CBNNews.com - JERUSALEM, Israel - Sources close to Israeli Prime Minister Ehud Olmert said he will not accept any attempts for early elections after the publication of the final Winograd Commission report, slated for the end of the month.
Claiming that early elections aren't good for the country or the "diplomatic" process, Olmert relayed his decision through staff members.
"The prime minister will not negotiate with anyone on a date for early elections," said one staffer Sunday. "It's not good for the country or the diplomatic process [negotiations with the Palestinian Authority]. It would freeze the government's work and mire the entire political system in uncertainty," he said.
Israeli Defense Minister Ehud Barak may prove to be a thorn in Olmert's side.
When Barak joined the government, after defeating former Defense Minister Amir Peretz for the Labor party chairmanship last spring, he promised to pull Labor out of the government when the Winograd Commission finalized its report.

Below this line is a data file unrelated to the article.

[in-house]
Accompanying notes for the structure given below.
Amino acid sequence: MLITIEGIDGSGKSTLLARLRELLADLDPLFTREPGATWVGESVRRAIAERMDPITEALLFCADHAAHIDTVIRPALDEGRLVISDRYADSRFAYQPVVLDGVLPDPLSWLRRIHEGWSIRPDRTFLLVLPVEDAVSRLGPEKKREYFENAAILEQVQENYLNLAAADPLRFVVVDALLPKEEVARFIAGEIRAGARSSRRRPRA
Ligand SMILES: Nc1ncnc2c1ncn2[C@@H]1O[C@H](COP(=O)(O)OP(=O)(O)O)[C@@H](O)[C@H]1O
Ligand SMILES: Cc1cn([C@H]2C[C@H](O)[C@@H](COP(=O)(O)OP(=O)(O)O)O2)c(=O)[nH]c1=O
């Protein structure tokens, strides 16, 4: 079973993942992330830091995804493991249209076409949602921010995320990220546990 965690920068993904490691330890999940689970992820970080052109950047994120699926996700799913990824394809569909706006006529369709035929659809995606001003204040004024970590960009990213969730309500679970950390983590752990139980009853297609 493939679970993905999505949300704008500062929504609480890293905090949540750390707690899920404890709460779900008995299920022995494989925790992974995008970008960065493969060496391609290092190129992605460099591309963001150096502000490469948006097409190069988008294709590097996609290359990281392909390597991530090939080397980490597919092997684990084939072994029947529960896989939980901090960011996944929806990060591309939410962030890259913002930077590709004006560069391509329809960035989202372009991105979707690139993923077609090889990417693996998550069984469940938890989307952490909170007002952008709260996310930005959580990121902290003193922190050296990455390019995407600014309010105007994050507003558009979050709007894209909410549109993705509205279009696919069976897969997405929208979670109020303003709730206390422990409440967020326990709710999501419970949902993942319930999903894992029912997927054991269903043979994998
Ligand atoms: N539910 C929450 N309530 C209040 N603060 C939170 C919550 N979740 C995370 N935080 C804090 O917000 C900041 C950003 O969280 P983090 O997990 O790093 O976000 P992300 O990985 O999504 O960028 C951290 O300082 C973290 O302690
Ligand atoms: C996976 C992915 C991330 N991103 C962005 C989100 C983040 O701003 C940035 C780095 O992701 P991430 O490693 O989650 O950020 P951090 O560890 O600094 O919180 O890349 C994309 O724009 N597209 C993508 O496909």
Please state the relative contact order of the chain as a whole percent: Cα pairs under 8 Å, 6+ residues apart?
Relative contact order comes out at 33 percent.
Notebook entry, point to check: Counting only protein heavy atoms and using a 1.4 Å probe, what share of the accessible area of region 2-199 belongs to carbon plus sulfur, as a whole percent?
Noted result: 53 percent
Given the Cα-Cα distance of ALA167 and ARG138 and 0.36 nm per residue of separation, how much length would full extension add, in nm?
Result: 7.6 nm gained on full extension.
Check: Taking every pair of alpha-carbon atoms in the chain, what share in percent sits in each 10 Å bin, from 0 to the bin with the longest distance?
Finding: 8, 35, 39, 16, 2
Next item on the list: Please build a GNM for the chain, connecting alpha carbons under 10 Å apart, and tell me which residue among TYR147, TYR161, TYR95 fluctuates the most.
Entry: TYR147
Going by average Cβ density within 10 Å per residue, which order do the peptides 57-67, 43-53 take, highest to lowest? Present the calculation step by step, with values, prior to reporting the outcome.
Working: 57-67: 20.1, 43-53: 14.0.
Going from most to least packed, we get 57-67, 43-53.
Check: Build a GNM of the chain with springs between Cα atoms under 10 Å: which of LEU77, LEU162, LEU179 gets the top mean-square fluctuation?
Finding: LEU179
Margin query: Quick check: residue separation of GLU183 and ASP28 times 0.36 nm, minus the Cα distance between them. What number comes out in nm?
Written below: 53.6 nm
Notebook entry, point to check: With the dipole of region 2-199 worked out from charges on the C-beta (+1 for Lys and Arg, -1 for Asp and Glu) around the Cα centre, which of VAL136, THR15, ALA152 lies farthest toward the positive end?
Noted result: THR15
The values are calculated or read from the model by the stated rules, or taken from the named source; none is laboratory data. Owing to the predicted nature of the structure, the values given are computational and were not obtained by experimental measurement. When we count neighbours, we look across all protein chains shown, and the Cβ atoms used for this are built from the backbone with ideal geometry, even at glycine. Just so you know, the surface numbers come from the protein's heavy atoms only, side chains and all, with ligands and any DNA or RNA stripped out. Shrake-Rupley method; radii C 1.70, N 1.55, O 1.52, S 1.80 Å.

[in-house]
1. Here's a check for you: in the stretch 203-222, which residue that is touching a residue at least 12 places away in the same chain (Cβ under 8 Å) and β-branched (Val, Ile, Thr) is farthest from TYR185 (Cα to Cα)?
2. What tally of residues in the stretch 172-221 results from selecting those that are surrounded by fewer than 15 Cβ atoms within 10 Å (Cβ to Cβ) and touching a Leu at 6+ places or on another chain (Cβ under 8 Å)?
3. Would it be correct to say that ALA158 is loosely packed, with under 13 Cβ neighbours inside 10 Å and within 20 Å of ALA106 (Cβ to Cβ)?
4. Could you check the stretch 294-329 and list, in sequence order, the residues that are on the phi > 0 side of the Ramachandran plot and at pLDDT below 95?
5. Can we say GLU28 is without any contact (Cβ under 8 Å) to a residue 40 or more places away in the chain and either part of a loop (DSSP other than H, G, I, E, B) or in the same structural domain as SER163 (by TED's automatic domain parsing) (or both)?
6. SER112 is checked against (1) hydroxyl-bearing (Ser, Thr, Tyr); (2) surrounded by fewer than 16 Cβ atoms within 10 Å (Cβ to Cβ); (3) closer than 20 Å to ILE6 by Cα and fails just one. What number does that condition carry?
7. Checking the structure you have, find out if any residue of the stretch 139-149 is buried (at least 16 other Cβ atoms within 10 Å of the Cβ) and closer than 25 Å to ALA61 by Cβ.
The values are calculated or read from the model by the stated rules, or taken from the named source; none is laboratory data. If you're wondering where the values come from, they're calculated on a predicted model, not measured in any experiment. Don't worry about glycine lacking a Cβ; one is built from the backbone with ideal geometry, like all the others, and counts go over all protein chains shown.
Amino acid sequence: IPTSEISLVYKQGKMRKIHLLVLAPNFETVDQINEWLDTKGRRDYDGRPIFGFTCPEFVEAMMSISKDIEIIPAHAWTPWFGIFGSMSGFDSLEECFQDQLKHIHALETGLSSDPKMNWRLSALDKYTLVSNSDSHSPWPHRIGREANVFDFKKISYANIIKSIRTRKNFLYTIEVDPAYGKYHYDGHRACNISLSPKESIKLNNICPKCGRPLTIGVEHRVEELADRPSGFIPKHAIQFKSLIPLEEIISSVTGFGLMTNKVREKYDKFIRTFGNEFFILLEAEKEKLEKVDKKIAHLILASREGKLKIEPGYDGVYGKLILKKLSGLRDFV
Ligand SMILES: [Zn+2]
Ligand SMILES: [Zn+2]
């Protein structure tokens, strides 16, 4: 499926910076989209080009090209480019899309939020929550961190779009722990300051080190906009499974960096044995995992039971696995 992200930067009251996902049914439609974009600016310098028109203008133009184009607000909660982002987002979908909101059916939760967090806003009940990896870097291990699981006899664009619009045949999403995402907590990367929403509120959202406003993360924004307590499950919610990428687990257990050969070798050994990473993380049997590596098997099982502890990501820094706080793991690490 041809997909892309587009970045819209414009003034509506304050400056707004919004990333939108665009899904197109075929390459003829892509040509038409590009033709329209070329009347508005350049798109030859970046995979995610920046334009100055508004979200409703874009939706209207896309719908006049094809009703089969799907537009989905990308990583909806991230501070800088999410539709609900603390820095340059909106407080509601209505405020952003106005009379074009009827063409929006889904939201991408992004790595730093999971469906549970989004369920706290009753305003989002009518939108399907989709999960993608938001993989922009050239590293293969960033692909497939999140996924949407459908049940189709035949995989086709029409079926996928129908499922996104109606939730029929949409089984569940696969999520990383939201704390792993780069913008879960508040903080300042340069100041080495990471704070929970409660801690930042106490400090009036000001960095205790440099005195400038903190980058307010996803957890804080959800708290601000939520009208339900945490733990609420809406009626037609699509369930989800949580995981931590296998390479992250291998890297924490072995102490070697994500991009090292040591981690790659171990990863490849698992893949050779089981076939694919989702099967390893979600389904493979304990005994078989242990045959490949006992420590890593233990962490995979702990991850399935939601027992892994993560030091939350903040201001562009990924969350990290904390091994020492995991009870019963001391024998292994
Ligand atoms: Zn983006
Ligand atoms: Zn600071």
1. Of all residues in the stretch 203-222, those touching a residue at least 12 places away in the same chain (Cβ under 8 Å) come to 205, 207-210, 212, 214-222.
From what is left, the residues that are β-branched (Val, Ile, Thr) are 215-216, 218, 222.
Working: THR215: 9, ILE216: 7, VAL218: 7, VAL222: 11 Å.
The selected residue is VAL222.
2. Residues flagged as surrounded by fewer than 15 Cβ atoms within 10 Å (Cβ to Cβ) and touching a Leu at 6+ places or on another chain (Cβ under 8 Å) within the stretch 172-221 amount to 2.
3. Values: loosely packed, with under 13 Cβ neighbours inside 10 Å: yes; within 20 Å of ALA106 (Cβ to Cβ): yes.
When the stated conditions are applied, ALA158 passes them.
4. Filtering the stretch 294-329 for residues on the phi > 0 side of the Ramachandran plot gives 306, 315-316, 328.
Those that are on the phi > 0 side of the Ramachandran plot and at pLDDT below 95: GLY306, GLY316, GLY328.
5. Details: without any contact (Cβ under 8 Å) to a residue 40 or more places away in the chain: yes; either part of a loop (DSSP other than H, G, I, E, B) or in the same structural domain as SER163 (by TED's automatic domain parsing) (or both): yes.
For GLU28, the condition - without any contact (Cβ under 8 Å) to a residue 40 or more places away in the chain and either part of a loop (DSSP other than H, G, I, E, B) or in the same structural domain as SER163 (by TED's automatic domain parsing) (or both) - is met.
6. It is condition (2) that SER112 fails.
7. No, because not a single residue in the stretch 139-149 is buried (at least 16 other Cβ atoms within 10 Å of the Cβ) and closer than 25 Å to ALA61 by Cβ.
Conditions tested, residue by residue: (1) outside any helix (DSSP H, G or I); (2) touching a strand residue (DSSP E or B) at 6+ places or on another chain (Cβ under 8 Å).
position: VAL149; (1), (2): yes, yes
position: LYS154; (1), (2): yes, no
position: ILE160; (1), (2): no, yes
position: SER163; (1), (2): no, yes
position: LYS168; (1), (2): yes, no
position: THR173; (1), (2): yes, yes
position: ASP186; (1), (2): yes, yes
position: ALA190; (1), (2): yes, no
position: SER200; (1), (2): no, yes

The government-appointed commission examined the handling of the Second Lebanon War. Following the publication of the interim report, which covered the first five days of the war, the prime minister's approval rating plummeted.
In an effort to boost support for the prime minister, Kadima party members loyal to Olmert published a full-page ad in several Israeli newspapers. "Ehud Olmert, we believe in you," it was titled.
At the opening meeting of the Herzliya conference, held for the first time in its history at the Knesset, Rishon LeTziyon Mayor Meri Nitzan, attempted to rally support for Olmert during his remarks.
But the call for early elections continues to grow.
"I joined Kadima because I wanted to see a different kind of politics, but I've been disappointed to see the same old political hackery," said Kadima council member Moshe Konforty.
"Today we have no leader. If Olmert thinks he is so strong, he should put himself up for elections," he said.
Source: The Jerusalem Post